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The Bank of England Monetary Policy Committee meets several times a year to decide on the base interest rate.
The last time the base interest rate was this high was in 2008. What does this mean for businesses?
The Bank of England base rate is set by the UK’s central bank. This is the rate that high street banks and other commercial lenders use when setting their own interest rates.
The Bank of England’s Monetary Policy Committee meets eight times a year, where the committee votes on any changes to the base rate.
By setting the base rate, the Bank of England can respond to changes in the UK economy.
The current Bank of England base rate is 5.25 per cent and was held for the second time in a row. This Bank of England interest rate decision was announced after the Monetary Policy Committee meeting on 2 November 2023.
The next Bank of England interest rate decision will be on 14 December 2023.
As mentioned, interest rates change according to what’s happening in the UK economy.
The last time interest rates were this high was 2008, before an era of cheap money began during the financial crisis.
That era has ended, with economists predicting that interest rates will only start falling in early 2024 (inews.co.uk).
While the Bank of England is responding to rising inflation, there’s the risk that the economy could slow too much if interest rates increase too quickly.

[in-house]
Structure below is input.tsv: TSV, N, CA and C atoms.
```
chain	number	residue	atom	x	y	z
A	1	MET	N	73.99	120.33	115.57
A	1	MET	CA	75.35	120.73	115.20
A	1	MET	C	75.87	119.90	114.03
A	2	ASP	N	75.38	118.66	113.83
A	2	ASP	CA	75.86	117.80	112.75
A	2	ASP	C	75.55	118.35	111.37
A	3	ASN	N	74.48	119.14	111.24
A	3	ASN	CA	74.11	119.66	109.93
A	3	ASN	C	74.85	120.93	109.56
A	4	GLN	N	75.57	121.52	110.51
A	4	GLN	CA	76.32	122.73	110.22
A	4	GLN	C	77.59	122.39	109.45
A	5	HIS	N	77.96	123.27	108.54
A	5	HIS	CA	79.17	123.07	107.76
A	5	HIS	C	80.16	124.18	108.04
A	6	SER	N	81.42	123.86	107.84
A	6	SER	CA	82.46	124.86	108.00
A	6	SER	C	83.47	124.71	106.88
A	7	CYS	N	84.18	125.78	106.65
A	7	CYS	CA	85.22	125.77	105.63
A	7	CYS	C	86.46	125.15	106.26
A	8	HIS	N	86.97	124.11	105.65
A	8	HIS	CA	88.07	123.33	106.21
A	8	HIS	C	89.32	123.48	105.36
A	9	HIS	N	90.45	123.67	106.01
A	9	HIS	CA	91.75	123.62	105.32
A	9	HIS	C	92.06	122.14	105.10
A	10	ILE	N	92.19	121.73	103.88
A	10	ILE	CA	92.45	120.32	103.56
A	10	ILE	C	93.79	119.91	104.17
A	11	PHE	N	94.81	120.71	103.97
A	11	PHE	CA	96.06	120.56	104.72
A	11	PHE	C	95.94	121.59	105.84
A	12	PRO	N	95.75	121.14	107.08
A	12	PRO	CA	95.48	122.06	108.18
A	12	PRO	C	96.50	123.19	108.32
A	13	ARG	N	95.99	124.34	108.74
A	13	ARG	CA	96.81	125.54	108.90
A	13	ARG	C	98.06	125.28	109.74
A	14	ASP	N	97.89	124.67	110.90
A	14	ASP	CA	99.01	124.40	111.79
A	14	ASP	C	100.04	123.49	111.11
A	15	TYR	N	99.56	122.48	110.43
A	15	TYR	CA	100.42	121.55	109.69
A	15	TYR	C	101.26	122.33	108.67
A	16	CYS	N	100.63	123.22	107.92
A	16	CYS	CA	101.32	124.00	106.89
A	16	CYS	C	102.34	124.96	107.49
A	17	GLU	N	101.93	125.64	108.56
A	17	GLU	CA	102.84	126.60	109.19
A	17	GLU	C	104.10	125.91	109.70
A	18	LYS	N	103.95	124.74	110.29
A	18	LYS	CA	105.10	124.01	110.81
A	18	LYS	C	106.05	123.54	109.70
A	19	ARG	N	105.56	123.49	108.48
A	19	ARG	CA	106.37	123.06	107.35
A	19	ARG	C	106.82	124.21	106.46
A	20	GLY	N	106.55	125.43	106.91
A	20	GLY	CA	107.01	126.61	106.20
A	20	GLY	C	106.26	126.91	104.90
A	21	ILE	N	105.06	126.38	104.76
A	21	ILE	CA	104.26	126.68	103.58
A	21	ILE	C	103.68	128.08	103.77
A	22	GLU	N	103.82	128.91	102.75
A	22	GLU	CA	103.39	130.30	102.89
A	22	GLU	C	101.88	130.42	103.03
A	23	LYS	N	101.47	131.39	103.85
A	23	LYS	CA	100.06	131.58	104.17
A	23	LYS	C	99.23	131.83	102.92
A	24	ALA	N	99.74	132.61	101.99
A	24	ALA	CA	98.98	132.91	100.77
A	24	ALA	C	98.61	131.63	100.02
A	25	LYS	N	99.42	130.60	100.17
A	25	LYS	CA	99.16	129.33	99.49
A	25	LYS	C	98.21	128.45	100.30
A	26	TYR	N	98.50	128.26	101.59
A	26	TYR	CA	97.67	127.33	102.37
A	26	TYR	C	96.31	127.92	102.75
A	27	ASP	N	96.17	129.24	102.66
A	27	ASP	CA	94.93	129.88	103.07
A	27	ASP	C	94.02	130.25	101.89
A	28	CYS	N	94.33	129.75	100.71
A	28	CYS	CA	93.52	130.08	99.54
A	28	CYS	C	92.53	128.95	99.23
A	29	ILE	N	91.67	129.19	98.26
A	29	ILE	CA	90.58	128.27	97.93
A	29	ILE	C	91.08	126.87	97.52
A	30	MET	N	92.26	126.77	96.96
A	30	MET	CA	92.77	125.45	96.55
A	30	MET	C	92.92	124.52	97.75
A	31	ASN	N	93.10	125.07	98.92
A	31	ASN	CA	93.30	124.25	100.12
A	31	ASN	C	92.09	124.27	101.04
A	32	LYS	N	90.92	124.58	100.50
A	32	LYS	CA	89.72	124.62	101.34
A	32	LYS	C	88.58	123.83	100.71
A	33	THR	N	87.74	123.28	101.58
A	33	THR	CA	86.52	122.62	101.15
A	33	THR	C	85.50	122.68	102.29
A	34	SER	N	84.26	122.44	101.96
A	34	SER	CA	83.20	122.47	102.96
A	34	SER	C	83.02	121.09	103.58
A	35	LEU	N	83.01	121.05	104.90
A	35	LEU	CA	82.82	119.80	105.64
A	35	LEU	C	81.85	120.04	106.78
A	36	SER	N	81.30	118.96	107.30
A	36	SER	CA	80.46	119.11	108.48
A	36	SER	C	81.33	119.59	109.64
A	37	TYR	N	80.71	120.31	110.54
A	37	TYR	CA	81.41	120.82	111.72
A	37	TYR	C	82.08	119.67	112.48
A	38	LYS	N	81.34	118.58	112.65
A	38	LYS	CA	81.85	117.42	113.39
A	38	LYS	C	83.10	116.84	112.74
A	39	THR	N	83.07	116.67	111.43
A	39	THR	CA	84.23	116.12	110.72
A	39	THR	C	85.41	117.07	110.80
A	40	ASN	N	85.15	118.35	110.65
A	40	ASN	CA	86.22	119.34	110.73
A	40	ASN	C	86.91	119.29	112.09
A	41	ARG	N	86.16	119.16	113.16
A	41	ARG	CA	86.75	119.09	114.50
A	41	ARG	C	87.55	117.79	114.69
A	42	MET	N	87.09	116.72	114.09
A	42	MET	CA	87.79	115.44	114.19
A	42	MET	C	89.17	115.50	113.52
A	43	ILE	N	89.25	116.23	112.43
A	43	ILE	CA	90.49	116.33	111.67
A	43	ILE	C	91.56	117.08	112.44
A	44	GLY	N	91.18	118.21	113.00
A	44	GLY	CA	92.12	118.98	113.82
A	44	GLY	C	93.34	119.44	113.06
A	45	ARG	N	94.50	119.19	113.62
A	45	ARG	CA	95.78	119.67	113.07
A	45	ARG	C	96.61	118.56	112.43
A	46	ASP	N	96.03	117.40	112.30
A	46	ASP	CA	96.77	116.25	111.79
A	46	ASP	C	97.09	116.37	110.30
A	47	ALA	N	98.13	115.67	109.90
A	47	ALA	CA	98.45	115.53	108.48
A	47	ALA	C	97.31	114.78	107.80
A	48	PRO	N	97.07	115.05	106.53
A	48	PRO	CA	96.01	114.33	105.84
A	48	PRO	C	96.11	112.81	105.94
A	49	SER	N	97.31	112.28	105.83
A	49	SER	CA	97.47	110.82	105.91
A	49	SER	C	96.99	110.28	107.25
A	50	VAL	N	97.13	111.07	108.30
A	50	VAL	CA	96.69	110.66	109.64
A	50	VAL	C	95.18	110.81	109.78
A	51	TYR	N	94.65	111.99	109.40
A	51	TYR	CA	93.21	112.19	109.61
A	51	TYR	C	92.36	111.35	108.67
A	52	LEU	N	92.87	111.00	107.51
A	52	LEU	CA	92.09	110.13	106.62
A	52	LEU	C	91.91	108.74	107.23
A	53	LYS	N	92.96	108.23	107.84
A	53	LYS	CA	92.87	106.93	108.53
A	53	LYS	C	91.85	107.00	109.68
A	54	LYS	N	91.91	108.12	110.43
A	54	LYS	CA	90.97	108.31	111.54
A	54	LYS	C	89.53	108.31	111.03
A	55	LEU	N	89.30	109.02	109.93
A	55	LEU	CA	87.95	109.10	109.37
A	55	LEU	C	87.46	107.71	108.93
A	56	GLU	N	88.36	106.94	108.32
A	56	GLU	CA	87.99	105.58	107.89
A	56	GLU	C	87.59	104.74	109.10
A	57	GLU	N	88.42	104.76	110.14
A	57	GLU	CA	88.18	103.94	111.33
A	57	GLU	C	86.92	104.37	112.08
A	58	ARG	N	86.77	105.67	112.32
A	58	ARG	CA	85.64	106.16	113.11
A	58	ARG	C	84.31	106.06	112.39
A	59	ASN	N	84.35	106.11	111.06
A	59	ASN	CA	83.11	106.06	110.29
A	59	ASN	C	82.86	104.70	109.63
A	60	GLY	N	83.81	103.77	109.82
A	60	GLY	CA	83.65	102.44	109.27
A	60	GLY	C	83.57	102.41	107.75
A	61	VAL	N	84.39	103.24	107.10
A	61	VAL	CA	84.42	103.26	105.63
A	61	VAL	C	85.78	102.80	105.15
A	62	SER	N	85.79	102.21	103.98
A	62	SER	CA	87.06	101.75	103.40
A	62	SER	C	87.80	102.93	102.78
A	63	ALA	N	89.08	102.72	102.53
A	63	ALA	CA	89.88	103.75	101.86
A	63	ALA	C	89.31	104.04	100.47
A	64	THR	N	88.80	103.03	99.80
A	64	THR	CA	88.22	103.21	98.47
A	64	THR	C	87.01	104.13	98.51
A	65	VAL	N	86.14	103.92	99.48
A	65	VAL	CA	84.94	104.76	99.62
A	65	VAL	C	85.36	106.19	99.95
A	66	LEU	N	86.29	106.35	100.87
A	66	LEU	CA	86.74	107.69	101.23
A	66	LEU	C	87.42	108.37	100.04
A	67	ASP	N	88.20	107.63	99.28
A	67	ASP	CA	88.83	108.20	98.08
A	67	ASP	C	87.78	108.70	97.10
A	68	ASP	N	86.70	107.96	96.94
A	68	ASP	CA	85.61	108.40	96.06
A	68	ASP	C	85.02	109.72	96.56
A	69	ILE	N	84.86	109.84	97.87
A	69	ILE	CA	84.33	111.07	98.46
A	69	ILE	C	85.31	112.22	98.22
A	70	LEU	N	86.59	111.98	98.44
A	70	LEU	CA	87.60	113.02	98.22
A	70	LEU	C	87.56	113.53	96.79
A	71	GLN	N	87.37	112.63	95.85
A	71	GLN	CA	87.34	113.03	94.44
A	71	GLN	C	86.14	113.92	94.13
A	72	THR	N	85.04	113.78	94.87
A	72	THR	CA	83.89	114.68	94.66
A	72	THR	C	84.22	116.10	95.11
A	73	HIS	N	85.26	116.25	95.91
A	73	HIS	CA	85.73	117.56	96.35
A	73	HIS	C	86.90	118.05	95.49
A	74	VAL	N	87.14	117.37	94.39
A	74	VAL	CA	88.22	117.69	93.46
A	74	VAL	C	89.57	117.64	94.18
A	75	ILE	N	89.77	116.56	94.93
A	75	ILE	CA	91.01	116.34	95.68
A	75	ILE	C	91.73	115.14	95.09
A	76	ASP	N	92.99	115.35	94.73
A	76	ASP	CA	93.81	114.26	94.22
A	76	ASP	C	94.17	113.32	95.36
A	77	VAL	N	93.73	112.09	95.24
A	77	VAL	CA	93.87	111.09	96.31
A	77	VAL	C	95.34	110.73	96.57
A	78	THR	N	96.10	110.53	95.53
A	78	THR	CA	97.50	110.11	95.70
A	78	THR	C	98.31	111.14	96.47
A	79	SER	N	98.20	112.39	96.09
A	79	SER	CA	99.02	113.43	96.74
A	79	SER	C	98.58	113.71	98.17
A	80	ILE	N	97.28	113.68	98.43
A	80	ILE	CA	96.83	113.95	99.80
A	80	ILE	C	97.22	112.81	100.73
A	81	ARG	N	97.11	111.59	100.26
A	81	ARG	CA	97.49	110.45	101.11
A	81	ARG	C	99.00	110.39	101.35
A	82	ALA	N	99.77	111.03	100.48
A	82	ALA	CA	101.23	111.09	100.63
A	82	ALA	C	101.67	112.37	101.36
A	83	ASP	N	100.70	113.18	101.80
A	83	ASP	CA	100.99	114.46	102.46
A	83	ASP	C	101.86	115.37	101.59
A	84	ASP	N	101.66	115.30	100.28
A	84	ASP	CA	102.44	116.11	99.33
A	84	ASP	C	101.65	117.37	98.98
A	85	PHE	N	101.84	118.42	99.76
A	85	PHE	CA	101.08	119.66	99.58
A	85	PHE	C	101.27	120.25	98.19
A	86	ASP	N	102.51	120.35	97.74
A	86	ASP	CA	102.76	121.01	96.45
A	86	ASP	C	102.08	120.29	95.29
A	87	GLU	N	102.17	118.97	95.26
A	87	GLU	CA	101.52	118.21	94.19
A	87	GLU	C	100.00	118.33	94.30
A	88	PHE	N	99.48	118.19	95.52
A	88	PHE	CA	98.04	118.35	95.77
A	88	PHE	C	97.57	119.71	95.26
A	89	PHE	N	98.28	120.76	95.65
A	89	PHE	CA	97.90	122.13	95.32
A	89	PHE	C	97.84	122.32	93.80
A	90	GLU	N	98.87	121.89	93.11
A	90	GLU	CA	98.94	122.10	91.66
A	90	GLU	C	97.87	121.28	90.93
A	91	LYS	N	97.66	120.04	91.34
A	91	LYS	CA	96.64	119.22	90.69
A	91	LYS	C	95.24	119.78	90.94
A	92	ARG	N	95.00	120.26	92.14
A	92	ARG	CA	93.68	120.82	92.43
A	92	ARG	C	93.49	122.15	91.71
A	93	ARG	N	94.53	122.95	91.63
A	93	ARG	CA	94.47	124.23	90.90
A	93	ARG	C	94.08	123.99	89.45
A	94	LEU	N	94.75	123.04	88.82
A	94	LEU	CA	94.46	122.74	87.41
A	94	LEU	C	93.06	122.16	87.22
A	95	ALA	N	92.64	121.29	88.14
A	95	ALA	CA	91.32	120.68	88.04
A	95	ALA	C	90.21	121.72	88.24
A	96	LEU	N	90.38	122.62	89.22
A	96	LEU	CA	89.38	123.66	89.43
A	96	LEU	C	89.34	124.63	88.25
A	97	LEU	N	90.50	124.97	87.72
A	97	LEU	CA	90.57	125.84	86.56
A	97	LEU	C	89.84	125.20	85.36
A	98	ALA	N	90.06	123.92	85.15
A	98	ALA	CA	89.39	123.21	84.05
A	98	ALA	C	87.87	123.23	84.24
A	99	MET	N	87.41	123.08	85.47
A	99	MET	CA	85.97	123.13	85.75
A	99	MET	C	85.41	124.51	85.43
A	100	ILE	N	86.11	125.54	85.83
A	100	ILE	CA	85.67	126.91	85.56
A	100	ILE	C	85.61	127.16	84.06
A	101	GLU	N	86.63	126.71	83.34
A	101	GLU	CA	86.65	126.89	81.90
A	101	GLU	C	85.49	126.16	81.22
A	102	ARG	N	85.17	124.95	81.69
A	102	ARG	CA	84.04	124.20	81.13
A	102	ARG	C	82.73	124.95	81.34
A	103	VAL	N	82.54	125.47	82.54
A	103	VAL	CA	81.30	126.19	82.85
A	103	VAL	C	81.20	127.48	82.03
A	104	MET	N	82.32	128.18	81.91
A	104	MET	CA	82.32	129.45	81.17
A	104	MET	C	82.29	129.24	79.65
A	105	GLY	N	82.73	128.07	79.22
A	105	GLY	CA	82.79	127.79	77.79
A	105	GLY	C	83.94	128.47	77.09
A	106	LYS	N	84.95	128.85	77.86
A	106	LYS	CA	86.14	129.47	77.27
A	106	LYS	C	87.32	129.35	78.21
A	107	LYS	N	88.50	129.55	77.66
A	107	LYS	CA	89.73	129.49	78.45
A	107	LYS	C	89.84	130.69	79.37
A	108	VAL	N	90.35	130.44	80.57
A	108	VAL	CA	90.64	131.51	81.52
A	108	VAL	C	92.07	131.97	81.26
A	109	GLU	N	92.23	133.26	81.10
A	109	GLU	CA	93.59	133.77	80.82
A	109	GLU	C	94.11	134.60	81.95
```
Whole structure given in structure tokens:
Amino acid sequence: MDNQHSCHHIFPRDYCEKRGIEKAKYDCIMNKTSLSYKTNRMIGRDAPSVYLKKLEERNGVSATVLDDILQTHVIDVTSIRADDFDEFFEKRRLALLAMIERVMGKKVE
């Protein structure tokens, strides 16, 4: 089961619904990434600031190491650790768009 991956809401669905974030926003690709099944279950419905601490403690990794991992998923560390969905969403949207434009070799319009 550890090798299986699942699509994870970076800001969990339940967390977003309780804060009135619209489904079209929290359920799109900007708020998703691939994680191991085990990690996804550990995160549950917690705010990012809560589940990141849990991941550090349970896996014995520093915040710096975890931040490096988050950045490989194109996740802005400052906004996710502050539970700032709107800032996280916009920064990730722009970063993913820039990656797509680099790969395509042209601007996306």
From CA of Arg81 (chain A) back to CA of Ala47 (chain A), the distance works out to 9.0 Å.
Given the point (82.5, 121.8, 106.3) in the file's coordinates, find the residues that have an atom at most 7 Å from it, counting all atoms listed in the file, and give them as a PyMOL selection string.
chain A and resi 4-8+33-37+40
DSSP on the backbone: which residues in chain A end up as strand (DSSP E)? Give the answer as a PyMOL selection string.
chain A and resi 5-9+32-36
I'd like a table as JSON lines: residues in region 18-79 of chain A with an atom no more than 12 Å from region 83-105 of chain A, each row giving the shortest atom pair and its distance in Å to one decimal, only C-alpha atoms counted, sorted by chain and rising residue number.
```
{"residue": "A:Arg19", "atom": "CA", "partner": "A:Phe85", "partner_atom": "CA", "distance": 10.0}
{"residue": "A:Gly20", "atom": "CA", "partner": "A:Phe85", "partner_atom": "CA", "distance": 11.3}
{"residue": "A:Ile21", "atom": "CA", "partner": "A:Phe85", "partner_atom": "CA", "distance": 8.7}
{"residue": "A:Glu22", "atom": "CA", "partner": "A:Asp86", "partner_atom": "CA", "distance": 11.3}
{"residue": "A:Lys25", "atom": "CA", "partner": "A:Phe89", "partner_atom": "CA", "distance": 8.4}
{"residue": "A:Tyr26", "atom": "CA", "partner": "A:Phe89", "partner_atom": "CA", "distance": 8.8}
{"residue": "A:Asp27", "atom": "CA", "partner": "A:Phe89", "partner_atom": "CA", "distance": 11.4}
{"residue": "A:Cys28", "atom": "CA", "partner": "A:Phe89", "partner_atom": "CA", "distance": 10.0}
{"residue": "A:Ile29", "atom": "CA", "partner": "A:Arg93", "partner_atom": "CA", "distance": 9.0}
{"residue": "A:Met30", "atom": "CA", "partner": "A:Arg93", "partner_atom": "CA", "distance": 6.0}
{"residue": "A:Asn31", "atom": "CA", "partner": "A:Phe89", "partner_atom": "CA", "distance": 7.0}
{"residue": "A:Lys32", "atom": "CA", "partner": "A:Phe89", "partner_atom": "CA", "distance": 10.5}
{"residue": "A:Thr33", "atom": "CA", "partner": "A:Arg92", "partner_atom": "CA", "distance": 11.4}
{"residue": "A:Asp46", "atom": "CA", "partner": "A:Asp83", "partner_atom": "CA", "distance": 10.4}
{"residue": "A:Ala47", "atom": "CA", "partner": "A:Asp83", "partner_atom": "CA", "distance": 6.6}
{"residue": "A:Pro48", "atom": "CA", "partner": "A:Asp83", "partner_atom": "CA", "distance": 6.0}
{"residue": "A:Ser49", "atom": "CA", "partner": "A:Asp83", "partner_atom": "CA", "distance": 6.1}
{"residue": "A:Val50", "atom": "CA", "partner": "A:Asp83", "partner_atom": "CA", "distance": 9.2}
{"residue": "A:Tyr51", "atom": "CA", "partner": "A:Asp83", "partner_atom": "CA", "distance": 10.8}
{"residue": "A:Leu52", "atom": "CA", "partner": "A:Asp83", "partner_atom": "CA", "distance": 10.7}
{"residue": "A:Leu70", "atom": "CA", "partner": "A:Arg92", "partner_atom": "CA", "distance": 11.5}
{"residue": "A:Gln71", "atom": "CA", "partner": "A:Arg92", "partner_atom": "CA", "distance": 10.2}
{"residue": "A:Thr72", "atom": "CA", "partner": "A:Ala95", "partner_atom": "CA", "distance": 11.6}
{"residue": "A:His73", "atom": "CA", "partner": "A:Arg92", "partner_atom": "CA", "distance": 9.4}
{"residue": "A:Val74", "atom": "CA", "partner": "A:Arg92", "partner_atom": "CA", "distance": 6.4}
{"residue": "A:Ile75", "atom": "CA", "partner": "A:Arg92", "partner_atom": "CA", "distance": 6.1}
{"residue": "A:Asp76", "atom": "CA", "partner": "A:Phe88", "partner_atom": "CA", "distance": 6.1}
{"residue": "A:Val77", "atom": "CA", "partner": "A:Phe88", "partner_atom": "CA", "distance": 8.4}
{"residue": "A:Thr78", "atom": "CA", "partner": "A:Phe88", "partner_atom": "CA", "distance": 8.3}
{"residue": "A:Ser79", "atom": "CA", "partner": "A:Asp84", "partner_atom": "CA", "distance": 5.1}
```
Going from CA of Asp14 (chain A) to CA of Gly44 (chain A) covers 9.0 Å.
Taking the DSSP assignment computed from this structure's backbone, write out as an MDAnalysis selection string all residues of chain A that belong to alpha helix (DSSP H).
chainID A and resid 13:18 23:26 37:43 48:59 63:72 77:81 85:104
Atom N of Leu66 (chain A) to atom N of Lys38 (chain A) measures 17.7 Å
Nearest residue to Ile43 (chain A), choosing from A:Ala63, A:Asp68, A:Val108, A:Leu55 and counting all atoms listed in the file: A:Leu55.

And despite the increases, interest rates aren’t keeping up with rising inflation. This means that the value of cash savings is still being eroded, as you can’t buy as much with your money.
Interest rates signal how much it costs to borrow money, as well as how much savers can earn by putting money aside.
Interest rates are important for businesses, as funding often comes in the form of borrowing money. When interest rates rise, things like small business loans become more expensive. It also means more expensive mortgages.
Changes in interest rates can also affect consumer behaviour. Higher interest rates encourage saving rather than spending and are typically used in response to increasing inflation.
When the cost of goods rises due to pressures on demand, higher interest rates help relieve that pressure (in theory), as consumers hold fire on spending and taking on more debt.
We’ve mentioned ‘interest rates’ as lenders set their own rates based on a range of factors, for example the risk of not being paid back on time.
But, as explained above, it's also important for small businesses to keep an eye on the Bank of England base rate.
The wider economy is challenging right now, which means businesses may need to revisit their business plan and pivot their strategy in response.
While what you do will vary depending on the specifics of your trade and business, here are some tips for responding to Bank of England base rate changes:
How are you responding to rising interest rates and inflation? Let us know in the comments below.
Sam has more than 10 years of experience in writing for financial services. He specialises in illuminating complicated topics, from IR35 to ISAs, and identifying emerging trends that audiences want to know about. Sam spent five years at Simply Business, where he was Senior Copywriter.
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